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Public Glass Report: Light a Spark Youth Outreach Program Exhibition

[Nate Watson, Executive Director, Public Glass SF]

Our latest Light a Spark youth outreach program exhibition, was made possible by a generous donation from GLANC and was on display to nearly 1000 people during multiple events between July 16 to Sept. 17. This summer youth project was an amazing experience for the students and for our instructors. The donation from GLANC allowed us to take the students to the De Young Museum so that they could study the different methods and materials that artists use to express ideas and to evoke reactions from viewers.

The GLANC donation also provided all of the molding materials for fusing and slumping, and materials for the final install and exhibition. Public Glass made available the entire facility throughout the summer and the instructors donated 100% of their time until the project was finished. The student's project was completely conceived of by them and executed with some guidance from the artists at Public Glass and a little help at the end from our metal fabricator neighbors at Brian Martin Metals. Our entire community of artists, Board members, staff, and neighbors are all so grateful for the contribution from GLANC, and on their behalf I thank you for helping to make an impact in the lives of the youth we serve in the Bayview neighborhood of San Francisco. We look forward to working more closely with GLANC in the future.

Artist statement from student artist Khailla Paranga

I am interested in the mystery that glass holds. Glass is limitless and the pieces that you can make are perpetual. Experimenting with glass gives me a sense of excitement. Through the help of my mentors, Kat Kazlauskas, James Freidberg, Nate Watson, and Brynn Hurlstone, I am able to execute my ideas. When I joined the Light A Spark program, the first project was to create a mobile for College Track; the organization that introduced me to Public Glass. The mobile was a collection of individual pieces made by thirteen students. We each used our personal interests and experiences as inspiration so that the mobile became a collection of all our personalities. The mobile still hangs in the foyer of College Track as an inspiration to new students. I was also part of a group of four students that collaborated with the MACLA students to create an installation for our project, The Glass Ceiling. We flame worked hundreds of borosilicate glass rods into sound waves that were installed in the MACLA gallery for the exhibition. I have participated in the San Francisco Artspan Open Studios for two years. I made pieces that I thought were eye catching and sellable. We had our own booth which was a great experience because I got to talk to many people who are also interested in glass art. I am currently working on a collaboration with Tiffani Wong. We have a very similar aesthetic and ideas about having smaller components to create a larger installation in the Public Glass Gallery. We are using hot shop techniques and kiln forming to create the components. We are also experimenting with light, shadow and movement. It is enabling us to express ourselves through glass in new ways. I am grateful for all of my wonderful and caring mentors: Kat, James, Nate, and Brynn because they have introduced me to numerous opportunities and continue to support me in my journey of understanding myself as an artist.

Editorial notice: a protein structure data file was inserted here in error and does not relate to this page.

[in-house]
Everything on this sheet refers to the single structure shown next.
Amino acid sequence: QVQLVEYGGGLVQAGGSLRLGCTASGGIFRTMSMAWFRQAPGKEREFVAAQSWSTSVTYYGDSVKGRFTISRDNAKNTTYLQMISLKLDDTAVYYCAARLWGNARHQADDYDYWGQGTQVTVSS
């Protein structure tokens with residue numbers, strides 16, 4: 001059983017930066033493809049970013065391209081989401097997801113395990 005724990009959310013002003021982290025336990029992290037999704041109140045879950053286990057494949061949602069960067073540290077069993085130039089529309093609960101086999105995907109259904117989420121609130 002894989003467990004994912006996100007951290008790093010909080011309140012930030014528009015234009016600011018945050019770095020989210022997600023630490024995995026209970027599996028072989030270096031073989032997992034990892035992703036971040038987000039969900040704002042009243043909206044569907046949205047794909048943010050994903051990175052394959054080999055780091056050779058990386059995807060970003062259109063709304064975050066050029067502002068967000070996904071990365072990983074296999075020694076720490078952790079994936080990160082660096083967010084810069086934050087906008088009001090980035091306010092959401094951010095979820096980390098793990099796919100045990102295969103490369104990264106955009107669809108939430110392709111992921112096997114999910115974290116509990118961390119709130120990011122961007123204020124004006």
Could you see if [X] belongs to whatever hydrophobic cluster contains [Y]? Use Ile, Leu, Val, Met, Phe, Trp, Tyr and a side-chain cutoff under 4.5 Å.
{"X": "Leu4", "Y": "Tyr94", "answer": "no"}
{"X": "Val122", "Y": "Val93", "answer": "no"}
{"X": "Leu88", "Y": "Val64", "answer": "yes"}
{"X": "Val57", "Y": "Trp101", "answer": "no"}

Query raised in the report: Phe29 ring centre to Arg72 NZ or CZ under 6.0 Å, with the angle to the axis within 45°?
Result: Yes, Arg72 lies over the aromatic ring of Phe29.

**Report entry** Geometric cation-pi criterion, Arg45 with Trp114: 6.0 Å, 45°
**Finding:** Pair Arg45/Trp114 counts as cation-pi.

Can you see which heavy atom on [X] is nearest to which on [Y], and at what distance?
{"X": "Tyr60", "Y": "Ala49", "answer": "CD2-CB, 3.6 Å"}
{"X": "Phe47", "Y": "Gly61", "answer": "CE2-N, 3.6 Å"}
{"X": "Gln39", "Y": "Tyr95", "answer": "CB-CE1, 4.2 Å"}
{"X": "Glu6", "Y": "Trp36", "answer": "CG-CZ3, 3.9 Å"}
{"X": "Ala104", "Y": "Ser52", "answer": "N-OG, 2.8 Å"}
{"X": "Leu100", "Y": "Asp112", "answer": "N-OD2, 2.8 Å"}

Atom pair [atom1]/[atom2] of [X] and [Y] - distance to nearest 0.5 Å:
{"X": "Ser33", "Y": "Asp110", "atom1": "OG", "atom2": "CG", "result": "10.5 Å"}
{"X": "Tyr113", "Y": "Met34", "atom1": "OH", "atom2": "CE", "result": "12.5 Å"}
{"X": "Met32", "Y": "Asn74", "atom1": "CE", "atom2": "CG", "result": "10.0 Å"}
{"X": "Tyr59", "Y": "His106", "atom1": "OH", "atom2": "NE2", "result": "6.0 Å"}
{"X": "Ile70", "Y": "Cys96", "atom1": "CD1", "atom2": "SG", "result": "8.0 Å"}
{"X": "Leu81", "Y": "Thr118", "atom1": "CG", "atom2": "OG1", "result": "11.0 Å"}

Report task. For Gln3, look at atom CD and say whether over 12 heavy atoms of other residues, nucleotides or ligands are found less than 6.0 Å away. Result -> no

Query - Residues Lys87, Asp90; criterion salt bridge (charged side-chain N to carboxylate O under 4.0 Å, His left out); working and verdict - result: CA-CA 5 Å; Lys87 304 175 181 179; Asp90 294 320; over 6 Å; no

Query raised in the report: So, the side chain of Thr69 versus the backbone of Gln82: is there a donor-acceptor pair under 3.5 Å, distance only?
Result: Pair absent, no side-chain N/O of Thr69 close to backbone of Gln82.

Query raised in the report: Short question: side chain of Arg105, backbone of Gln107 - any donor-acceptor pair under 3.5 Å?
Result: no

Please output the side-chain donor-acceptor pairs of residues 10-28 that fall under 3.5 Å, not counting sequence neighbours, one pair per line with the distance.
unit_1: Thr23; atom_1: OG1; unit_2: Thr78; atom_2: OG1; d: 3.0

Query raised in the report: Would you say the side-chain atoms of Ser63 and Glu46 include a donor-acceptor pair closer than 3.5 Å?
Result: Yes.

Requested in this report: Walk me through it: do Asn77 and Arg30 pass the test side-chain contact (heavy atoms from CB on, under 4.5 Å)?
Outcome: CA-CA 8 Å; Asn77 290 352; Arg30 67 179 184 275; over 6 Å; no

Artist statement from student artist Tiffani Wong

Glass art appeared in my life in the summer of 2014 and almost immediately became my favorite medium due to its flexibility, range and beauty. There is always an ease and sense of serenity when reflecting upon my finished work knowing that I am represented in it. When producing pieces, I attempt to incorporate light play, movement, illumination and convey a simple and clean aesthetic. Dancing is a very influential aspect of my life and by expressing that through my work, fluidity and structure are the two of the main focal features I look to add to the environment provided by my art.